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Tissue Eng. 2004 Sep-Oct;10(9-10):1518-25.

In vitro differentiation and in vivo mineralization of osteogenic cells derived from human embryonic stem cells.

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Tissue Engineering and Regenerative Medicine Centre, Faculty of Medicine, Imperial College London, Chelsea and Westminster Campus, London, UK.


The first report of the derivation of embryonic stem (ES) cell lines from human blastocysts had major implications for research into developmental biology and regenerative medicine. Finding efficient and reproducible methods to derive therapeutically useful cells from an ES cell source is a key feature of many regenerative medicine strategies. We have previously demonstrated that it is possible to induce osteogenic differentiation of murine ES cells by supplementing the culture medium with ascorbic acid, beta-glycerophosphate, and dexamethasone. This study investigated whether methods for driving osteogenic differentiation developed with murine ES cells could be applied successfully to human ES cells. The H1 line was propagated in vitro on murine feeder layers and shown to be pluripotent by expression of the markers Oct-4 and SSEA-4. Subsequently, differentiation was initiated via embryoid body (EB) formation and, after 5 days in suspension culture, cells harvested from EBs were replated in a medium containing osteogenic supplements. We found that the treatment regimen previously identified as optimal for murine ES cells, and in particular the addition of dexamethasone at specific time points, also induced the greatest osteogenic response from human ES cells. We identified mineralizing cells in vitro that immunostained positively for osteocalcin and found an increase in expression of an essential bone transcription factor, Runx2. When implanted into SCID mice on a poly-D, L-lactide (PDLLA) scaffold, the cells had the capacity to give rise to mineralized tissue in vivo. After 35 days of implantation, regions of mineralized tissue could be identified within the scaffold by von Kossa staining and immunoexpression of the human form of osteocalcin. We did not see any evidence of teratoma formation. These data therefore demonstrate the derivation of osteoblasts from pluripotent human ES cells with the capacity to form mineralized tissue both in vitro and in vivo. We have also shown that a culture methodology established for differentiation of murine ES cells was entirely transferable to human ES cells. Further development of this technology will result in the capacity to generate sufficient yields of osteogenic cells for use in skeletal tissue repair.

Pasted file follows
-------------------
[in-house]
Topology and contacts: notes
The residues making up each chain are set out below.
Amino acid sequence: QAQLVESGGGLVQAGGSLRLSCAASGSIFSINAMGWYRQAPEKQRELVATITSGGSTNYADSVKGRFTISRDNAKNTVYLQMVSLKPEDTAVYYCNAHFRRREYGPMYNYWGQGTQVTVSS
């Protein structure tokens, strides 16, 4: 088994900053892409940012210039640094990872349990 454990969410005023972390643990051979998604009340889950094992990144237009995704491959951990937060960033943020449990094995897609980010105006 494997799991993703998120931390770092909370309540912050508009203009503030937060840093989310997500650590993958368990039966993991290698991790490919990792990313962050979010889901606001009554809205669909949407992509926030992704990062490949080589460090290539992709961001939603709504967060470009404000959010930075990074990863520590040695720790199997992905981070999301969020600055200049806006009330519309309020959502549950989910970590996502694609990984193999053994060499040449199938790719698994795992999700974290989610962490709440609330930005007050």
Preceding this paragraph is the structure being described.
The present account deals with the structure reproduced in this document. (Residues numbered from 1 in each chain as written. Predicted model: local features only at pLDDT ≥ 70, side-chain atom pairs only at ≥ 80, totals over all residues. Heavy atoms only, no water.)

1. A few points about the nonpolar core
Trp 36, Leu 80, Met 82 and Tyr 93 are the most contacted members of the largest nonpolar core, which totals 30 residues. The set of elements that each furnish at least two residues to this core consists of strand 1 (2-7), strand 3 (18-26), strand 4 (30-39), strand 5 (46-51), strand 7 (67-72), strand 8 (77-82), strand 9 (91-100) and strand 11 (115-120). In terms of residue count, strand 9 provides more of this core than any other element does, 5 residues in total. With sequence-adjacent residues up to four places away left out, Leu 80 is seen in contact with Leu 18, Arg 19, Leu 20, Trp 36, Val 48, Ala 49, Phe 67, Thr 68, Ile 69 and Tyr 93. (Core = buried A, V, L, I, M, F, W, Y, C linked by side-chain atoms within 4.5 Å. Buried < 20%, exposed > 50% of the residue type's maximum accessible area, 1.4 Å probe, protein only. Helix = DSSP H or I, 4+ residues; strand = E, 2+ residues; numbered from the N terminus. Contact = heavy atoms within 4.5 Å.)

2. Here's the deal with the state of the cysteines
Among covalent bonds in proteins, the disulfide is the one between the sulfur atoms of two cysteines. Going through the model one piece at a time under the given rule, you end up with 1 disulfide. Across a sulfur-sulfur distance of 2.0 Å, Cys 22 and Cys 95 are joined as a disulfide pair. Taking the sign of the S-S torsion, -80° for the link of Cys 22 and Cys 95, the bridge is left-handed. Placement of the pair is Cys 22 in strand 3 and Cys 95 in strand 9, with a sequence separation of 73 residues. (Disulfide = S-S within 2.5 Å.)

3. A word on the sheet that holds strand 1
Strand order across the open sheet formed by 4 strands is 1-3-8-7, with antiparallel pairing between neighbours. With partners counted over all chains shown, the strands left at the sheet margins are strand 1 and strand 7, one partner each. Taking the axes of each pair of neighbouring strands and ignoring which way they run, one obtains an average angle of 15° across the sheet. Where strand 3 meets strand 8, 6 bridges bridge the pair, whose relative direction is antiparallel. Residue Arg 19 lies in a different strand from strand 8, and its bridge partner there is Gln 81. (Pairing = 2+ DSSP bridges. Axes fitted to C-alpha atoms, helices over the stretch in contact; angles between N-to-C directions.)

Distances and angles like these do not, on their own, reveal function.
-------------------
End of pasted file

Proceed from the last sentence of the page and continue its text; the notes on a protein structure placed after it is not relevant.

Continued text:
[Indexed for MEDLINE]

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